October 21, 1899.
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OCTOBER 21, 1S99.
OWING to rather larger professional dealings than we hâve
been accustomed to see of late, the Stock Market took on
a more lively air this week. There was some public interest
distinctly observable. Such as there was found expression in
promising issues that hâve held back from the gênerai advance,
and whose gootl prospects force them on the attention of buyers,
The professional dealings are, of course.guided by the prospective
conditions of the money market. At the moment Europe may
draw gold from us, although it is such a short time since it moved
this way. Nothing could better illustrate the sharp demand that
exists for loanabîe funds than this prompt call for balances when¬
ever they are created, either by trade or the manipulation of ex¬
change. The conditions of the money market for the near future
dépends to a considérable extent upon Europe, which is likely
to draw upon our market whenever it has the opportunity, Not
only bave ordinary demands over there created scareity, but the
extraordinary facts of the cutting off the Transvaal contribution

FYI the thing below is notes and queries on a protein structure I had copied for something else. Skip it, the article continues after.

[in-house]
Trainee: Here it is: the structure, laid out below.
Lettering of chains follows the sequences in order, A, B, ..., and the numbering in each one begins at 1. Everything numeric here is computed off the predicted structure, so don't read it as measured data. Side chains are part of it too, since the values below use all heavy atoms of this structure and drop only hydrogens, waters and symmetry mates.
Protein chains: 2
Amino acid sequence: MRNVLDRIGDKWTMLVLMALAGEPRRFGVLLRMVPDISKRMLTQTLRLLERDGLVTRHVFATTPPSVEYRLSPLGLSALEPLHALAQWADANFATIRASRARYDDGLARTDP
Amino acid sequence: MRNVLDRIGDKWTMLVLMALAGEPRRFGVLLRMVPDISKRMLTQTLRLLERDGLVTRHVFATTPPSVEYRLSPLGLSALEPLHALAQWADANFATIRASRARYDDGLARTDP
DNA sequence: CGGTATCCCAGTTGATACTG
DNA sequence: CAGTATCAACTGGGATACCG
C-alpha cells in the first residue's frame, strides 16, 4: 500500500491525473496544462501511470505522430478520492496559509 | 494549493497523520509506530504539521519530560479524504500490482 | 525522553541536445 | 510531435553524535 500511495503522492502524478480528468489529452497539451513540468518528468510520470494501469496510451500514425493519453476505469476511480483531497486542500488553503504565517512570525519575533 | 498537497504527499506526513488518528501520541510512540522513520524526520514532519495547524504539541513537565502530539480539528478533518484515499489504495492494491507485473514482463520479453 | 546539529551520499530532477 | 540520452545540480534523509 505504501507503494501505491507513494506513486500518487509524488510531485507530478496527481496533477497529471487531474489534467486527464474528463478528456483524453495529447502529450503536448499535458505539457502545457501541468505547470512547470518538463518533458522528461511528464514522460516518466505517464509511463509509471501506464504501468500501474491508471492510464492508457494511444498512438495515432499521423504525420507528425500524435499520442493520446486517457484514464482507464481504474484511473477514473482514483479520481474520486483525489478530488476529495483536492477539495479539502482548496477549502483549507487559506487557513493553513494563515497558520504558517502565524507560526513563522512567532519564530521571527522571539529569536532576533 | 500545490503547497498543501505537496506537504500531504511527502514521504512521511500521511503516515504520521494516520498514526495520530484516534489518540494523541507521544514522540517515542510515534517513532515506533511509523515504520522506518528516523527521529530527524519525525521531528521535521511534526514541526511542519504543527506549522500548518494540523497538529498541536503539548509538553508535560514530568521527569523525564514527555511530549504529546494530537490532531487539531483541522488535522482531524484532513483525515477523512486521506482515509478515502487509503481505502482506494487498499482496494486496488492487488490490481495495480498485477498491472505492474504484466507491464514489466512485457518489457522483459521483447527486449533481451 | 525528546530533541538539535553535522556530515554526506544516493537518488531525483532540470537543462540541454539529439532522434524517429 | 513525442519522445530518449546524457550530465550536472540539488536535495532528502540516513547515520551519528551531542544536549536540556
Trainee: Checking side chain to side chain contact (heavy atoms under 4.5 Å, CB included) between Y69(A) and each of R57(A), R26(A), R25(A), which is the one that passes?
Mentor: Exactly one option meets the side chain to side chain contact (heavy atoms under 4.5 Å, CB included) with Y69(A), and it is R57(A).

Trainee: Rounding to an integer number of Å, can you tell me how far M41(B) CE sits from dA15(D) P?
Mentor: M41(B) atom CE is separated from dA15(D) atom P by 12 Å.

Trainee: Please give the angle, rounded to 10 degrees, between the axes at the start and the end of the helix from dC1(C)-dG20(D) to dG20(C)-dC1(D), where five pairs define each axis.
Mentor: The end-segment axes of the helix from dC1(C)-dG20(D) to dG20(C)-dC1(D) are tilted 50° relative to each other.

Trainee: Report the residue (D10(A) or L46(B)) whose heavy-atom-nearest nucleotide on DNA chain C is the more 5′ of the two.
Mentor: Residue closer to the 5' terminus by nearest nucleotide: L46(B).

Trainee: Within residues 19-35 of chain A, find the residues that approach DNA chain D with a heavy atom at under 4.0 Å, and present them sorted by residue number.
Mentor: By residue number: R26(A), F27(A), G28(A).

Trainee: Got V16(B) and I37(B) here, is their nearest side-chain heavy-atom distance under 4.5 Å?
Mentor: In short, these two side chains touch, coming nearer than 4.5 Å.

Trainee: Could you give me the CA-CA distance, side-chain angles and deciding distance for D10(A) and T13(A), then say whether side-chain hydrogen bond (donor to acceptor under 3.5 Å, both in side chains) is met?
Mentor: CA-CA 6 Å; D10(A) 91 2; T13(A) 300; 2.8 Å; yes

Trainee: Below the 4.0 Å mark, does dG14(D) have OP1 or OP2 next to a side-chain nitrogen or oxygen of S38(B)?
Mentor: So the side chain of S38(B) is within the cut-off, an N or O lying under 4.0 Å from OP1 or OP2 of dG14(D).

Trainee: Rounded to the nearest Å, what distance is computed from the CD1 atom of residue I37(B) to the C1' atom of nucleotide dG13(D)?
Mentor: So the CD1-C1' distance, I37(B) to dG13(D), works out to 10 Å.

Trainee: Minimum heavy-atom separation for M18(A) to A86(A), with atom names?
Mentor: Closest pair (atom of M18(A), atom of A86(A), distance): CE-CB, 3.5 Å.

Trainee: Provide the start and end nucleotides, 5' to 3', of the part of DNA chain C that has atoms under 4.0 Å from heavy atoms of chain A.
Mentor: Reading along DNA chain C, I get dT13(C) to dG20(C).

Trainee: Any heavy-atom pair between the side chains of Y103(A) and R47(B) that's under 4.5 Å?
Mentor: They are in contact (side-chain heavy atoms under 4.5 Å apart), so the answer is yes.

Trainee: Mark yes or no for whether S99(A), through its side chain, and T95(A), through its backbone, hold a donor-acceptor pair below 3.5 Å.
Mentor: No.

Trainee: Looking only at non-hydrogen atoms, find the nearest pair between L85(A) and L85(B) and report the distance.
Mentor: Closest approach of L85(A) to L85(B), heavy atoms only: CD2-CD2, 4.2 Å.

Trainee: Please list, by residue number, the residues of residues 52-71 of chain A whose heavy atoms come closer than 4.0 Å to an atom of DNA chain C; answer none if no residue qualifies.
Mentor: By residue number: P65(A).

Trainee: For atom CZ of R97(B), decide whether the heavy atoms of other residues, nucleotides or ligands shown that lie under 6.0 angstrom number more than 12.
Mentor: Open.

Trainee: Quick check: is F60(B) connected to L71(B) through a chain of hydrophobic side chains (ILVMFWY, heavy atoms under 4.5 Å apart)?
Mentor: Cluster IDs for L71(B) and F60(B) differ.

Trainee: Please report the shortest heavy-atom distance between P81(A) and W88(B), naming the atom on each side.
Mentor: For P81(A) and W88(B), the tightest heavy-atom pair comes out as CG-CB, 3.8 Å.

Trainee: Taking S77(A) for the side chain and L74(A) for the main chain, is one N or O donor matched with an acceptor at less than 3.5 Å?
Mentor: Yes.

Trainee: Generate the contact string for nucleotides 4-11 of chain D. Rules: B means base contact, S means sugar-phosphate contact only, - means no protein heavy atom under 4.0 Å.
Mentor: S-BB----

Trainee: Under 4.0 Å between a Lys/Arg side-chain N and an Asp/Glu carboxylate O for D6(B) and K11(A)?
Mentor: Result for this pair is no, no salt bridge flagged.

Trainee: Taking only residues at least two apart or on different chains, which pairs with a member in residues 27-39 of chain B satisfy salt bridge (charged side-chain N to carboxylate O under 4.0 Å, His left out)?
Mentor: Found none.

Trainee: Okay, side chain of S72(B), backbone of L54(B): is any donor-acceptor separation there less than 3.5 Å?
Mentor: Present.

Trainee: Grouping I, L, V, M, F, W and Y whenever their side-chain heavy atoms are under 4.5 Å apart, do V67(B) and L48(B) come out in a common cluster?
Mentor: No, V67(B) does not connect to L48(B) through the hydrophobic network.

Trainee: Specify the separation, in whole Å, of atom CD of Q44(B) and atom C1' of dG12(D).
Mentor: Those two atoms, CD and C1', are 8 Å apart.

■to the world's supply of gold, and the necessity the British Gov¬
ernment will be under to become a borrower to meet war re-
-quirements, wil! make this more severe. The conditions on the
other side of the Atlantic will be more or less reflected on this,
and correspondingly affect our spéculative, if not also our invest¬
ment, markets. Yesterday's war news gave encouragement to the
London market, and the announcement of new developments of
a favorable nature on this side, served to give tlie market (julte
a confident tone.
Y ERY little importance need be attached to the talk of a
European coalition against Great Britain and in favor of
the South African republics. Whatever progress may hâve been
made towards an understanding, it will be baulked by officiai
Germany playing the part towards Great Britain, that the latter
officiai and civil played toward the United States at the outbreak
of the war with Spain. Moreover, however d,esirous Russia and
France may be to obstruct Great Britain, it is not out of any
love for the Dutch in South Afriea, and if they contemplate a
diversion in their favor, it is because of that ever dominant fac¬